Having a tough final area is par for the course for the series, but once again the third one is an improvement over the second, with the emphasis on smaller skirmishes rather than frustrating large-scale battles. And, most importantly, no horrendously awful final boss fight.
The gunplay also feels much better as well, mainly because they finally added a lot of new guns! The guns in Uncharted 2 were nearly identical to the first game. Here we have lots of new ones, including multiple Uzis, shotguns, assault rifles, sub-machine guns, and even a scoped pistol.
The enemies are largely unchanged but there seemed to be less of the super-awful full body-armor shotgun wielders, which is good. A few mini-bosses are included which are just big dudes with machine guns.
Uncharted 3 is also very proud of its expanded melee system. It’s not exactly a Batman Arkham game but Drake can successfully throw down with half a dozen melee attackers with a few button presses. It’s used just enough to break up the action but not too much to be annoying.
Stealth was also improved upon, though this is still not a stealth game. At several moments throughout the story you’re given a room full of enemies who haven’t noticed you, and the chance to sneak up and take a few of them out.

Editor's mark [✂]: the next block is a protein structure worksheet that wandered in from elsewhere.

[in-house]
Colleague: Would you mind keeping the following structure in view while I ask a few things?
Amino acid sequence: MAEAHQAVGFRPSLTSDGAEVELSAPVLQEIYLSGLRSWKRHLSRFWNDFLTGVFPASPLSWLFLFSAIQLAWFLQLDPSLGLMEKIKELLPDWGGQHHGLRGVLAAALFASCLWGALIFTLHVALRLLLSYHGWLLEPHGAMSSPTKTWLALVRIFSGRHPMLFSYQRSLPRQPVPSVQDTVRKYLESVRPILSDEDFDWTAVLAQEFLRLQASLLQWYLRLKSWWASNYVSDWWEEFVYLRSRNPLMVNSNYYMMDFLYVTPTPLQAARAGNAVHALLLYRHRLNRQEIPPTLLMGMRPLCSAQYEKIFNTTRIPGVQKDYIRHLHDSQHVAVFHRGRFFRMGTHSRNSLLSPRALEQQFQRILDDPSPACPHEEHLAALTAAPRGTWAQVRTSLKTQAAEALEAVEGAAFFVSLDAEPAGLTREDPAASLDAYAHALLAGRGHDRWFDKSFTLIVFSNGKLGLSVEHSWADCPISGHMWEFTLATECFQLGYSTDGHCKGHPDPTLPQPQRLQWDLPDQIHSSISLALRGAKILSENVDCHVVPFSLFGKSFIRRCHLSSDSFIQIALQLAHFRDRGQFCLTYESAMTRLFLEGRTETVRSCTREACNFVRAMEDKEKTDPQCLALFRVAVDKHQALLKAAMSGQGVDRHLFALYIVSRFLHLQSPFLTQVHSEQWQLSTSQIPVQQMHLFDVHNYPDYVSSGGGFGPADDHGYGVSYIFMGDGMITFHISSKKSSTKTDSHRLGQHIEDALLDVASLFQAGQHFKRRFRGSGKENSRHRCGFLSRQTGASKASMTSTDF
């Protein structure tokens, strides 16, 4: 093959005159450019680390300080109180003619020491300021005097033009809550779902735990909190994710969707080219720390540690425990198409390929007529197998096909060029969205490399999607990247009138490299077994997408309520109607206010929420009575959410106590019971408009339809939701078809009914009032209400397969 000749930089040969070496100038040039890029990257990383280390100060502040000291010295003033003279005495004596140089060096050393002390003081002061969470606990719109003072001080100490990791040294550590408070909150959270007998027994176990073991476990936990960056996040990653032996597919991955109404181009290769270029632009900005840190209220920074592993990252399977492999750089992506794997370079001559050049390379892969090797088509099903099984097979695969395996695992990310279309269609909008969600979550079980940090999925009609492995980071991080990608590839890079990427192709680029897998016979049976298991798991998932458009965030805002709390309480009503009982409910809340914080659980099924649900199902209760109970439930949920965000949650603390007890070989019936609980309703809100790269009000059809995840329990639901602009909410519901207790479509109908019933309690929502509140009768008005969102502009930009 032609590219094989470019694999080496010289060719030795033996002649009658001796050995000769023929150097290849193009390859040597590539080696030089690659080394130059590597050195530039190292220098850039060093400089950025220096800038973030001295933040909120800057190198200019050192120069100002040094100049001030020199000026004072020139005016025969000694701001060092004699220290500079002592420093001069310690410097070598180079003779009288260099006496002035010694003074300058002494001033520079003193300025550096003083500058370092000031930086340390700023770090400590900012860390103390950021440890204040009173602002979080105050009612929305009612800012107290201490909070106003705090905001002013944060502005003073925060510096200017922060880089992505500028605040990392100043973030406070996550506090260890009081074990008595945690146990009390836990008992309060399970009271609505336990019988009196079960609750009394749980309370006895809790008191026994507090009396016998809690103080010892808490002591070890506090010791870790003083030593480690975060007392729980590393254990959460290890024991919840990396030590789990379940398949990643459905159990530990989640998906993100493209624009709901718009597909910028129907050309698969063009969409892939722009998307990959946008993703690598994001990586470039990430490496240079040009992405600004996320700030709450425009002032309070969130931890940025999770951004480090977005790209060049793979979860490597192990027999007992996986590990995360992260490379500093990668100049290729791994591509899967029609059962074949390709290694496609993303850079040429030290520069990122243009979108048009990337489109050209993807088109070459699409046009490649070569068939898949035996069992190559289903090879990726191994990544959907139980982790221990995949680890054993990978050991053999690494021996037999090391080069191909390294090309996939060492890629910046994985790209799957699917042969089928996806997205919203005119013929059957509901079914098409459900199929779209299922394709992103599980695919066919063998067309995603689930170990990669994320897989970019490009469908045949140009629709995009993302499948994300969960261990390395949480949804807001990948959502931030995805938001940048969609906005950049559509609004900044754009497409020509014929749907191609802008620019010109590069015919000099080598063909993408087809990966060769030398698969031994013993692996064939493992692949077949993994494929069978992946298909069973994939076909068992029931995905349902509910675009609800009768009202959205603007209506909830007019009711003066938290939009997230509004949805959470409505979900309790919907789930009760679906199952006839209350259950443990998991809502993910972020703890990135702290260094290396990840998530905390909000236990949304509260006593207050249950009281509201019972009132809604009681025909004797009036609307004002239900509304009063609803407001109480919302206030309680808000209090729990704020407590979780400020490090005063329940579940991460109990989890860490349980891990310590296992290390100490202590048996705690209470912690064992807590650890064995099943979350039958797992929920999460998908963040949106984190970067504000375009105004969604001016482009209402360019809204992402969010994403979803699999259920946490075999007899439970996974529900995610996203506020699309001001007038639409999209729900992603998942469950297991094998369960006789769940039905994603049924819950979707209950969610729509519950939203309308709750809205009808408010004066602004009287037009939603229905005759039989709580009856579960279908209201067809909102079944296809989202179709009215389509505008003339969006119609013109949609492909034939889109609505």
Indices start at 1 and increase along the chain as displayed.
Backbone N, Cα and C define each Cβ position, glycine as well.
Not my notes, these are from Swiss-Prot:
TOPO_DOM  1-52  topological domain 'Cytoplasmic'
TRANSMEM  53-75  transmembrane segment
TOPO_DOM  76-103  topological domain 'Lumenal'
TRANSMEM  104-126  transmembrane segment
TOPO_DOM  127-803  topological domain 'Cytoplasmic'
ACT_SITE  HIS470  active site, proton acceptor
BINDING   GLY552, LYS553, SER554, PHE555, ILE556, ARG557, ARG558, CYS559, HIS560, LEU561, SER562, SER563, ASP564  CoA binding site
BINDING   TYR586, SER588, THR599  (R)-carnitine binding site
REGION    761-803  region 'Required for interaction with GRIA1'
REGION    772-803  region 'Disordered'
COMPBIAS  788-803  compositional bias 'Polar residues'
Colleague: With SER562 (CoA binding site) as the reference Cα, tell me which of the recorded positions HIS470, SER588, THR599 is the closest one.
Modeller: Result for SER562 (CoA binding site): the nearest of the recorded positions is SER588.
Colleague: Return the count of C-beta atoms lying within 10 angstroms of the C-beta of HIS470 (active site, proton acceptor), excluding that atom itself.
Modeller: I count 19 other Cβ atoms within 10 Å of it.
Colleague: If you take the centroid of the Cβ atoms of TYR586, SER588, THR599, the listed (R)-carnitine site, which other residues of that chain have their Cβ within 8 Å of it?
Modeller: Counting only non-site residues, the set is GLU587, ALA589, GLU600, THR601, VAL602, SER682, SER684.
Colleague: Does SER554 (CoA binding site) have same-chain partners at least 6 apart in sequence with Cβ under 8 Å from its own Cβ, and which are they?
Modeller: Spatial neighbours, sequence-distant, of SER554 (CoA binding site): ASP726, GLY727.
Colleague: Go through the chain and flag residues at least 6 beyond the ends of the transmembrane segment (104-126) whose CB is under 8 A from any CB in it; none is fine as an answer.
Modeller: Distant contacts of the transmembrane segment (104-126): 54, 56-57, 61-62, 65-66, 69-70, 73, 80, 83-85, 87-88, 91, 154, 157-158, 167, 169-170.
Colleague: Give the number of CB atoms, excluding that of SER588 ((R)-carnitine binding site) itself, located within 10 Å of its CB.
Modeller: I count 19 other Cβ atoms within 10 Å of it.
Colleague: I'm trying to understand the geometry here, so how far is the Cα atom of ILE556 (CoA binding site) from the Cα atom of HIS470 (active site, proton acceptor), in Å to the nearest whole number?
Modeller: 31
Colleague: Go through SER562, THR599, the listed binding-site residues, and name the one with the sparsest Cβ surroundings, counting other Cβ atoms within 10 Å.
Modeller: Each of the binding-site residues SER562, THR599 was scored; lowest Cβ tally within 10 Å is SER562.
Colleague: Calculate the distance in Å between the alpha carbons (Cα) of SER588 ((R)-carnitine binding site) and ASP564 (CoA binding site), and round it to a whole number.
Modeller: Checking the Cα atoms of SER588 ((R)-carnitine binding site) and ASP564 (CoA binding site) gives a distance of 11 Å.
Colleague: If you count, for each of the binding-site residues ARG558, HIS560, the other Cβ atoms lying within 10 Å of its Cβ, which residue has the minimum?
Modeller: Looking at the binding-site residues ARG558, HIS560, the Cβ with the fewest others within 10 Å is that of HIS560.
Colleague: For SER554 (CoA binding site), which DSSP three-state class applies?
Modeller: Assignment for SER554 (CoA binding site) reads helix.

The game doesn’t really help you much with stealth. You lack the tools to see your opponents properly, and aside from the rarely seen Silenced Pistol, you’re left with the auto-kill melee attack from behind. If anyone spots you (or a dead body), combat begins and you have no chance to return to stealth.
I appreciated the chance to try to stealth a few times. In many of the larger combat areas I would die several times, but I could try different approaches and tactics each time. And more guns meant more options overall.
I enjoyed Uncharted 3 so much better than the last game that I’m honestly confused why the second game is considered the superior entry. Yes, Uncharted 3 liberally borrows much of its design from the last game, but that’s kind of the point of a sequel. The story retains its charm and fun cast while diving further into the Drake-Sully relationship, and the Arabian Nights-themed plot and setting is so much more fun than snowy mountains and yetis, not to mention the improved melee, stealth, and gunplay.
- Effectively uses the full cast of characters – but especially the enjoyable Sully-Drake relationship that was lacking in the last game.
- The desert theme in the latter half is way more enjoyable and interesting than the snowy mountains of Uncharted 2.
- The big action set pieces are breathtakingly fun, varied, and exciting.
- Added lots of fun new guns, as well as melee combat and improved stealth opportunities.
- Pure story-driven sequences, like Drake wandering the desert, are clever and effective, and nicely break up the big action sequences.
- No awful final boss fight!
- Nearly half the cast, Chloe and Cutter, leave the story halfway through and never return.
- Iram, the final area, is a bit too difficult, and the Djinn-enemies ability to teleport and seemingly absorb bullets is just a pain to fight.